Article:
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Publication numberUS4242553 A
Publication typeGrant
Application numberUS 05/938,299
Publication dateDec 30, 1980
Filing dateAug 31, 1978
Priority dateAug 31, 1978
Publication number05938299, 938299, US 4242553 A, US 4242553A, US-A-4242553, US4242553 A, US4242553A
InventorsA. Administrator of the National Aeronautics and Space Administration with respect to an invention of Frosch Robert, Samuel Berkman, Harold E. Temple
Original AssigneeSamuel Berkman, Frosch Robert A, Temple Harold E
Export CitationBiBTeX, EndNote, RefMan
External Links: USPTO, USPTO Assignment, Espacenet
Apparatus for use in the production of ribbon-shaped crystals from a silicon melt
US 4242553 A
Abstract
An improved apparatus characterized by an R-F coil, a crucible for confining a silicon melt, and a susceptor for supporting the crucible facilitating an electrical coupling of the coil with the melt. The susceptor comprises a pair of susceptor halves of a thickness less than two skin depths, each being the mirror image of the other, disposed in mutually opposed, electrically insulated relation, while the crucible comprises a quartz body supported by the graphite susceptor, whereby the R-F coil is electrically coupled with the melt.
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Claims(4)
What is claimed is:
1. In an apparatus for use in the pulling of ribbon-shaped crystals downwardly through a die set defined between a pair of quartz plates disposed in downwardly converging planes for forming an elongated, V-shaped crucible containing an electrical conductive melt, means for coupling induction heating energy to the melt comprising:
A. susceptor supporting said crucible including a pair of susceptor halves having a pair of side plates disposed in mutually spaced opposed relation, each of said side plates being substantially planar in shape and formed of an electrically conductive material, said pair of plates being downwardly inclined toward each other and having an electrically insulative air-gap defined therebetween throughout the length thereof for electrically isolating the side plates, each from the other, and a pair of end plates integrally related with each side plate and disposed in a pair of planes normally related to the plane of the side plate, each end plate being characterized by a plurality of slots extended across one face thereof, whereby the effective thickness thereof is reduced; and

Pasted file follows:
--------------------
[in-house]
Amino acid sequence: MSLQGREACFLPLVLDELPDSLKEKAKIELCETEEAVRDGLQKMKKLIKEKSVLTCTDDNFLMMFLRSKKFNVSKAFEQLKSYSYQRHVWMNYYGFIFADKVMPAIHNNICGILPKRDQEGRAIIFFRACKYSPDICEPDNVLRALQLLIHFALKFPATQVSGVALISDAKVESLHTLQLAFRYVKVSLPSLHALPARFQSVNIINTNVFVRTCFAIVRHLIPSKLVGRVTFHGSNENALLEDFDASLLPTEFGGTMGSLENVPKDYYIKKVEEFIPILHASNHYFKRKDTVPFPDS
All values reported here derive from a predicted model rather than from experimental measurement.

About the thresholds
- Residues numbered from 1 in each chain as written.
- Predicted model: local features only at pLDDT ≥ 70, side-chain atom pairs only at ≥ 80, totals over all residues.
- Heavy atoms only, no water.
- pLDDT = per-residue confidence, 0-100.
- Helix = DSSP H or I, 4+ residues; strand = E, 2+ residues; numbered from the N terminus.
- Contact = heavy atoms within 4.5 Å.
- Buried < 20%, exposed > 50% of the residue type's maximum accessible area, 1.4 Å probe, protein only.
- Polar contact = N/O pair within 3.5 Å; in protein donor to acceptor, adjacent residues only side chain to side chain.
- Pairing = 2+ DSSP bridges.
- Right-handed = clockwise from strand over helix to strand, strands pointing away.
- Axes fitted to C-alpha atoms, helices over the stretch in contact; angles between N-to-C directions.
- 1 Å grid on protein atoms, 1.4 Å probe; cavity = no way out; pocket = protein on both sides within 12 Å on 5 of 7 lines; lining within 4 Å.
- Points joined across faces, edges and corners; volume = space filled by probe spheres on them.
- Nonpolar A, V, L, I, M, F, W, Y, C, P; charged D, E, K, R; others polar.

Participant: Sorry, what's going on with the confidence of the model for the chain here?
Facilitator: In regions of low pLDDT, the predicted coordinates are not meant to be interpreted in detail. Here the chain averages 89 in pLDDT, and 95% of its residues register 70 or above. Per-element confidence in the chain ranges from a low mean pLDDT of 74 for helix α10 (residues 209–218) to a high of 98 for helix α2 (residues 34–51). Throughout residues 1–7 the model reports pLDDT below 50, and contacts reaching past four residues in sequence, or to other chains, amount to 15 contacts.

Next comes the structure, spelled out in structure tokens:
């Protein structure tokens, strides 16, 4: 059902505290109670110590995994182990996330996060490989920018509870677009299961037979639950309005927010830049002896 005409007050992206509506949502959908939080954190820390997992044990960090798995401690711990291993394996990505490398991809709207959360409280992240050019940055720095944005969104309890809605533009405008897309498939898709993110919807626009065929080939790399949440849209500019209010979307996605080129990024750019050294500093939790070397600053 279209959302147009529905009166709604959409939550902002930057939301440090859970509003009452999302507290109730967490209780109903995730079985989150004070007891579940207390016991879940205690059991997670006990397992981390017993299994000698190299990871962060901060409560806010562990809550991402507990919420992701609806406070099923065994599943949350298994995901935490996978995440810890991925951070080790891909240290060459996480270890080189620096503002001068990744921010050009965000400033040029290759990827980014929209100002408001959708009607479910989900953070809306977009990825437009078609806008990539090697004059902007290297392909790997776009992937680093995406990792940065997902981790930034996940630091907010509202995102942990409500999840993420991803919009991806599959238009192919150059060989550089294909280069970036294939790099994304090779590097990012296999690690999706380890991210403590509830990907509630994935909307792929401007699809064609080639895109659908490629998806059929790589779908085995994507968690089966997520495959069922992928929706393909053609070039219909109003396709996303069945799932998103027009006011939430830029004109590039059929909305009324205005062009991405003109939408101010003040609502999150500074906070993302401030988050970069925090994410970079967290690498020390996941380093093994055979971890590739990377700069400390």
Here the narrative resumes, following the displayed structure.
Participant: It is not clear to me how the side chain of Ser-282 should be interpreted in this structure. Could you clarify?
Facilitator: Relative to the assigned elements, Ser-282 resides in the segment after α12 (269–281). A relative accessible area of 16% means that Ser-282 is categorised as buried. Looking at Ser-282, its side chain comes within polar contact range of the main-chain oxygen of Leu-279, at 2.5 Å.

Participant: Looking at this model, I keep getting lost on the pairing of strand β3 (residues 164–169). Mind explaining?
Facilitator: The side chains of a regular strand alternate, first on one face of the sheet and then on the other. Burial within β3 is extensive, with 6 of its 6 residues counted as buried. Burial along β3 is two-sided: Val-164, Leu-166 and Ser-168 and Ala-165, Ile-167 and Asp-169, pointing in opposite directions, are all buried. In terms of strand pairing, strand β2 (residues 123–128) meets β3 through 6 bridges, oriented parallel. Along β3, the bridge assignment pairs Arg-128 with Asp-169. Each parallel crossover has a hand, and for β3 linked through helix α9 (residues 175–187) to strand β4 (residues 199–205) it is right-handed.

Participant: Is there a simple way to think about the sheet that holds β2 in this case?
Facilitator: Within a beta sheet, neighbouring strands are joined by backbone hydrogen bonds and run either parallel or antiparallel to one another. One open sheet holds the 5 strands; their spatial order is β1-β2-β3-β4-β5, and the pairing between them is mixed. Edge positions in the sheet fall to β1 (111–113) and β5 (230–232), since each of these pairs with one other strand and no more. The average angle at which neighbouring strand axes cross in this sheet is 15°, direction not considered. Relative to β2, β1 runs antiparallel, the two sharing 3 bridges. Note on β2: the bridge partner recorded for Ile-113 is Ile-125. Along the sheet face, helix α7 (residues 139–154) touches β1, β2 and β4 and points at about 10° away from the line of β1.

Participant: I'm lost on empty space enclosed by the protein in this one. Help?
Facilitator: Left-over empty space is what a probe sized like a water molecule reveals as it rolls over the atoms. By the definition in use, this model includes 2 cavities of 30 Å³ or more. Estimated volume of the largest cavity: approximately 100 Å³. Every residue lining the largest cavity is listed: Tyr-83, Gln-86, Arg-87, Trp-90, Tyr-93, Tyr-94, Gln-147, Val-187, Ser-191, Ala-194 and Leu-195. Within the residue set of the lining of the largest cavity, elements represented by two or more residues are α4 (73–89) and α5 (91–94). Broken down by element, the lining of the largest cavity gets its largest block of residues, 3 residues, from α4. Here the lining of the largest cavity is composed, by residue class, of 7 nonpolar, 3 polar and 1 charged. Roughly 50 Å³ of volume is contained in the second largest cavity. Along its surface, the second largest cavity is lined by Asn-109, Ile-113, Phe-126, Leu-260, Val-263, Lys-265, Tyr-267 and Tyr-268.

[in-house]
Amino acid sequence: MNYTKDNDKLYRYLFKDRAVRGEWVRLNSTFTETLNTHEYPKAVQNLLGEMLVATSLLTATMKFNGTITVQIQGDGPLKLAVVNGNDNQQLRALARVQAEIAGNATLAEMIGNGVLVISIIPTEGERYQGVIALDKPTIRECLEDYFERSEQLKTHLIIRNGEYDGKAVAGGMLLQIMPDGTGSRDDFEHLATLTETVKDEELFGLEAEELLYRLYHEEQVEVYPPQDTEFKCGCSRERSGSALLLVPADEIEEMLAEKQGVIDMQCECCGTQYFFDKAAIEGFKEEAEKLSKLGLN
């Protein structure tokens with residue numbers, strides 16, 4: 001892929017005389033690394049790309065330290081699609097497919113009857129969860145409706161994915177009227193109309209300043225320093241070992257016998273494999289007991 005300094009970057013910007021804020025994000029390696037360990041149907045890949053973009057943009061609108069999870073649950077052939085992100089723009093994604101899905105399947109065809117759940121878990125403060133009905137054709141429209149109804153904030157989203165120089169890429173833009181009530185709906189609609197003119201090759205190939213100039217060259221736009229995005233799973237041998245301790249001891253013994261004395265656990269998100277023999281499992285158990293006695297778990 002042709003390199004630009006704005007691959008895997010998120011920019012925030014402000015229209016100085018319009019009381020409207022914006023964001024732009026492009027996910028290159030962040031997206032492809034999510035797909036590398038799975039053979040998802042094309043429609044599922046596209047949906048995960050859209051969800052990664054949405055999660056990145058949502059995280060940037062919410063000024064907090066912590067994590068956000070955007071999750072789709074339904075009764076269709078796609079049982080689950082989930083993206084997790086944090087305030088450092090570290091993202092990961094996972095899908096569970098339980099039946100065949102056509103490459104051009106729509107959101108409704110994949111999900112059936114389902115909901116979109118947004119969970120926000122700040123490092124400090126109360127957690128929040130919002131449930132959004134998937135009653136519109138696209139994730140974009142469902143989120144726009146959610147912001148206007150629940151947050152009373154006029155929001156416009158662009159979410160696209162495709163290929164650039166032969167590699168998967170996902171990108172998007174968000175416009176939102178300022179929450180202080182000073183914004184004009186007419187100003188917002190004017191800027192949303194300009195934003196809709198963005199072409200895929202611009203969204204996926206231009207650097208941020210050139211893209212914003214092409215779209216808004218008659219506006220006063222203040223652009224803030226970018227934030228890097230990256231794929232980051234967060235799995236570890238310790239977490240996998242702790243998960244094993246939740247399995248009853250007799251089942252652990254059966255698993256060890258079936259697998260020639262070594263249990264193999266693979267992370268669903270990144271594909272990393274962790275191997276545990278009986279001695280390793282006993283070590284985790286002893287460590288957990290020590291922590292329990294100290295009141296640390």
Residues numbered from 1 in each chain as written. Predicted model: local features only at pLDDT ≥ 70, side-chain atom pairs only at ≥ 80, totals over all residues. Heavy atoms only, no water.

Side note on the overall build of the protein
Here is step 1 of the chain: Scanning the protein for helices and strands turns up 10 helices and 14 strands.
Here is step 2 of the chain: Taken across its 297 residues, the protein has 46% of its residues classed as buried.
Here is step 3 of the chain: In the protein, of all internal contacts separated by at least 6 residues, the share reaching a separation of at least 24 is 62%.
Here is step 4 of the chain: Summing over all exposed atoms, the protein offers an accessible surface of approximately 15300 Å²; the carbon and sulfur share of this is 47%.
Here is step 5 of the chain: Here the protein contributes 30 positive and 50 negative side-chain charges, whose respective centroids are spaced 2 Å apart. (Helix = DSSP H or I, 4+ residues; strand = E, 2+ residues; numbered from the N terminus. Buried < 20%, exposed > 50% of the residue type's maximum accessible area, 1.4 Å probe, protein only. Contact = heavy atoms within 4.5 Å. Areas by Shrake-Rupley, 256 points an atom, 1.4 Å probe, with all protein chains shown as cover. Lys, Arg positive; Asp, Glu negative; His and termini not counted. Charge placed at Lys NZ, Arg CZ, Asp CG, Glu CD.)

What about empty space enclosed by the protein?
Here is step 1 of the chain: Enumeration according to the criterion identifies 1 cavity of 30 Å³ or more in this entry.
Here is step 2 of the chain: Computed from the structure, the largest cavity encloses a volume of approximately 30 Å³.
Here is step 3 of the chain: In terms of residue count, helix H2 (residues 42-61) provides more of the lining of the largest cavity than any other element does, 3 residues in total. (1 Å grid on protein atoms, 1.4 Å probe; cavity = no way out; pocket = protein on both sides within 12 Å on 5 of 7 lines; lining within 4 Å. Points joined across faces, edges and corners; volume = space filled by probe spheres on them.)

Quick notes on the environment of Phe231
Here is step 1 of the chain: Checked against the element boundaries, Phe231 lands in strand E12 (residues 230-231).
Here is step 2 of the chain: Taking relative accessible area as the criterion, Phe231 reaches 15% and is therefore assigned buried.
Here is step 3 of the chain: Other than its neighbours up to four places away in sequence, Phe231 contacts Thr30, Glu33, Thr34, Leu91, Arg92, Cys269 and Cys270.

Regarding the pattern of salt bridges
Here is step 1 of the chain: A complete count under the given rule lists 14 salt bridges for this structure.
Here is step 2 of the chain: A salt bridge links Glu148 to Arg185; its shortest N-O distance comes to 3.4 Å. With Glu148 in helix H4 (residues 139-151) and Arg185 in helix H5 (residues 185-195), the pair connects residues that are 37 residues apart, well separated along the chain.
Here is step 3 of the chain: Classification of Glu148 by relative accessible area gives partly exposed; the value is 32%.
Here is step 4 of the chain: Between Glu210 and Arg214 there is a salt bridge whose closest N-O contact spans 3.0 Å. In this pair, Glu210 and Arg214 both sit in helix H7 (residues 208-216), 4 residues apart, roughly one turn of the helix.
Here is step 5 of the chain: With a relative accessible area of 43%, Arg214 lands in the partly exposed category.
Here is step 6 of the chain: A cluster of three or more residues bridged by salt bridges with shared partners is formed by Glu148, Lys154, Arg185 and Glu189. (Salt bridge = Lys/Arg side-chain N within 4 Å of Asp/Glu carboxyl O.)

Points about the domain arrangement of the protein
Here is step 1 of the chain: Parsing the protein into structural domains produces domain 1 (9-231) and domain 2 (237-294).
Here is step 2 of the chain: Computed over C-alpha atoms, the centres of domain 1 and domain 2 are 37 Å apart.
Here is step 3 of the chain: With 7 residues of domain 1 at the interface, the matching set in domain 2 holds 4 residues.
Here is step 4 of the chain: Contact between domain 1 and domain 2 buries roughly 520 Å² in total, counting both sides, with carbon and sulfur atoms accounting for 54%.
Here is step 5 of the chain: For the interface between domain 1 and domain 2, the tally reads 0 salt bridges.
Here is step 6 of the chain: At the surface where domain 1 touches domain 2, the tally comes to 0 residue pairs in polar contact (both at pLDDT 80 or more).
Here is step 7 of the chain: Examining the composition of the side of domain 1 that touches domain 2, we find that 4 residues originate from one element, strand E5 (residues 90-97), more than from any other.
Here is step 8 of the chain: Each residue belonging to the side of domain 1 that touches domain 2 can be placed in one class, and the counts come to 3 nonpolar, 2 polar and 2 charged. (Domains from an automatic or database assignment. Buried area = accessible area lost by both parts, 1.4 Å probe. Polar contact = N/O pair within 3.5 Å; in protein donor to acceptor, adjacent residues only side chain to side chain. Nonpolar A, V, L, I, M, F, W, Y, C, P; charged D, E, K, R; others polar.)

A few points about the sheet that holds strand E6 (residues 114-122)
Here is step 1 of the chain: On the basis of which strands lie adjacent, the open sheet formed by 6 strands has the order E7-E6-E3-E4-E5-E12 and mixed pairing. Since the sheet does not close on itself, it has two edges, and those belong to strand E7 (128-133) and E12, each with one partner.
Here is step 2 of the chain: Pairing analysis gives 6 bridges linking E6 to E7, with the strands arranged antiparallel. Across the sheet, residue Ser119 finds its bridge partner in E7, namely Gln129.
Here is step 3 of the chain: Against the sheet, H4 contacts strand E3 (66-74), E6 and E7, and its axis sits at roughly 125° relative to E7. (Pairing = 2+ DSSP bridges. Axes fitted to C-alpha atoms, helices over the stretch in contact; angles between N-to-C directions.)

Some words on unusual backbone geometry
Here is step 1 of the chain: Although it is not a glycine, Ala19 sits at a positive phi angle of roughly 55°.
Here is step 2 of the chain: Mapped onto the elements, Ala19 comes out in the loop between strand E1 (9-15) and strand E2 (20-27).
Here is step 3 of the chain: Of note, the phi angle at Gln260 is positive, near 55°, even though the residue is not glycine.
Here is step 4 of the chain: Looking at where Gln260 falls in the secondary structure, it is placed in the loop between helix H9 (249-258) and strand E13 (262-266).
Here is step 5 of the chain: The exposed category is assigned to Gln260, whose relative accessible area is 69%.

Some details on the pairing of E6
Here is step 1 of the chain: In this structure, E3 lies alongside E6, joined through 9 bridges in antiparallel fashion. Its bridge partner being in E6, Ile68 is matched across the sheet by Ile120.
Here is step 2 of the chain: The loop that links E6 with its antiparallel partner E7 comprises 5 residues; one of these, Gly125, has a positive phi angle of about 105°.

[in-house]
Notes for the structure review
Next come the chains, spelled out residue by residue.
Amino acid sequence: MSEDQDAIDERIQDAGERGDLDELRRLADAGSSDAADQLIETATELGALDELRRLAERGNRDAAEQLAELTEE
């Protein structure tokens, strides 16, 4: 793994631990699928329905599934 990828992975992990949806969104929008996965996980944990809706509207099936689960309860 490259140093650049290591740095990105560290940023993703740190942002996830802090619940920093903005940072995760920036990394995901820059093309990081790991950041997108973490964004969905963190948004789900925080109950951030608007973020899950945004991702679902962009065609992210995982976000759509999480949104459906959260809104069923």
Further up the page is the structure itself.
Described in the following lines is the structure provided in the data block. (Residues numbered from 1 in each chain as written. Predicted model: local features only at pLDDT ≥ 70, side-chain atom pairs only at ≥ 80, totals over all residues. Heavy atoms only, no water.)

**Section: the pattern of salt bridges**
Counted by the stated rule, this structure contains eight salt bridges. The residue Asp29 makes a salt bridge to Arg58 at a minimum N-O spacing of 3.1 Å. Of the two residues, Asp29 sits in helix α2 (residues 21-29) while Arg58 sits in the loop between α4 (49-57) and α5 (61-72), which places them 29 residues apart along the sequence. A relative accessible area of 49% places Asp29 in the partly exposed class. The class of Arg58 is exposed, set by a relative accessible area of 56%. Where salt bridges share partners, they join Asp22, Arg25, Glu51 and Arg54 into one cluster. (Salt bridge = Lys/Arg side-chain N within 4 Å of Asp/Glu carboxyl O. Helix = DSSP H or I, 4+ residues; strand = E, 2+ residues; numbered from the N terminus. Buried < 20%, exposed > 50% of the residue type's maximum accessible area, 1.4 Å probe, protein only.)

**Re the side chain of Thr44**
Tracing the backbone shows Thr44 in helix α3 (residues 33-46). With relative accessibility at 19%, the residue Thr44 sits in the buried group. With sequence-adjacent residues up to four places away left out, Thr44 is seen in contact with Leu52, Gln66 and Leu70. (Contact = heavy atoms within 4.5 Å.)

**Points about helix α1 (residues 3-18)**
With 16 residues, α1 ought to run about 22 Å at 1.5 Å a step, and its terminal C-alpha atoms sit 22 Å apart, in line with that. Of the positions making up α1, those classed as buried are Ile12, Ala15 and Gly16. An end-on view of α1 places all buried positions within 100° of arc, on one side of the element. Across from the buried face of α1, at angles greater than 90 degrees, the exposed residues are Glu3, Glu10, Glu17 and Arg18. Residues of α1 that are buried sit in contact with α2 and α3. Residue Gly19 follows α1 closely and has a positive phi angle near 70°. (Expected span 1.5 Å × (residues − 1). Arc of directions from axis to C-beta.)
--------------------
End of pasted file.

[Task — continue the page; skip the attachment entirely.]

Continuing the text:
B. means for effecting an induction heating of the electrical conductive melt comprising an R-F coil concentrically related to the susceptor and electrically coupled with the melt, said R-F coil being characterized by an operational frequency such that the thickness of the side plates and the effective thickness of the end plates is less than two skin depths for the operational frequency.
2. In the apparatus of claim 1 wherein the crucible further includes a pair of mutually spaced end plates of inverted triangular configurations, formed of quartz and extended transversely between the side plates of said susceptor halves, and wherein the improved susceptor further comprises a pair of shims comprising graphite plates interposed between each end plate of the crucible and an end plate of a susceptor half, the shims at each of the opposite ends of said crucible being mutually spaced for defining therebetween an electrically insulative air-gap.
3. The improved susceptor of claim 2 further comprising:
a pair of strap plates formed of non-conductive material extended between adjacent ends of the susceptor halves and affixed thereto for uniting said susceptor halves in an integrated configuration.
4. In an apparatus for use in the production of ribbon-shaped crystals from a silicon melt characterized by a crucible of a V-trough configuration including a pair of plates formed of an electrically non-conductive material disposed in downwardly converging planes, each plate being provided with a recess comprising a mirror image of the other for defining between the plates an inverted die, and heating means including an R-F coil concentrically related to the crucible and characterized by a known operational frequency, the improvement comprising:
A. means for electrically coupling the R-F coil with the melt comprising a susceptor supporting said crucible including a pair of electrically conductive susceptor halves disposed in mutually electrically insulated relation, whereby electrical paths between the halves is interrupted, each susceptor half comprising a side plate and a pair of end plates normally related to the side plates, each of said side plates being characterized by a thickness less than that required to sustain a doubling-over of current paths through the side plate at the operational frequency of said R-F coil, whereby current paths established in said side plates are completed through the melt.
Description
ORIGIN OF THE INVENTION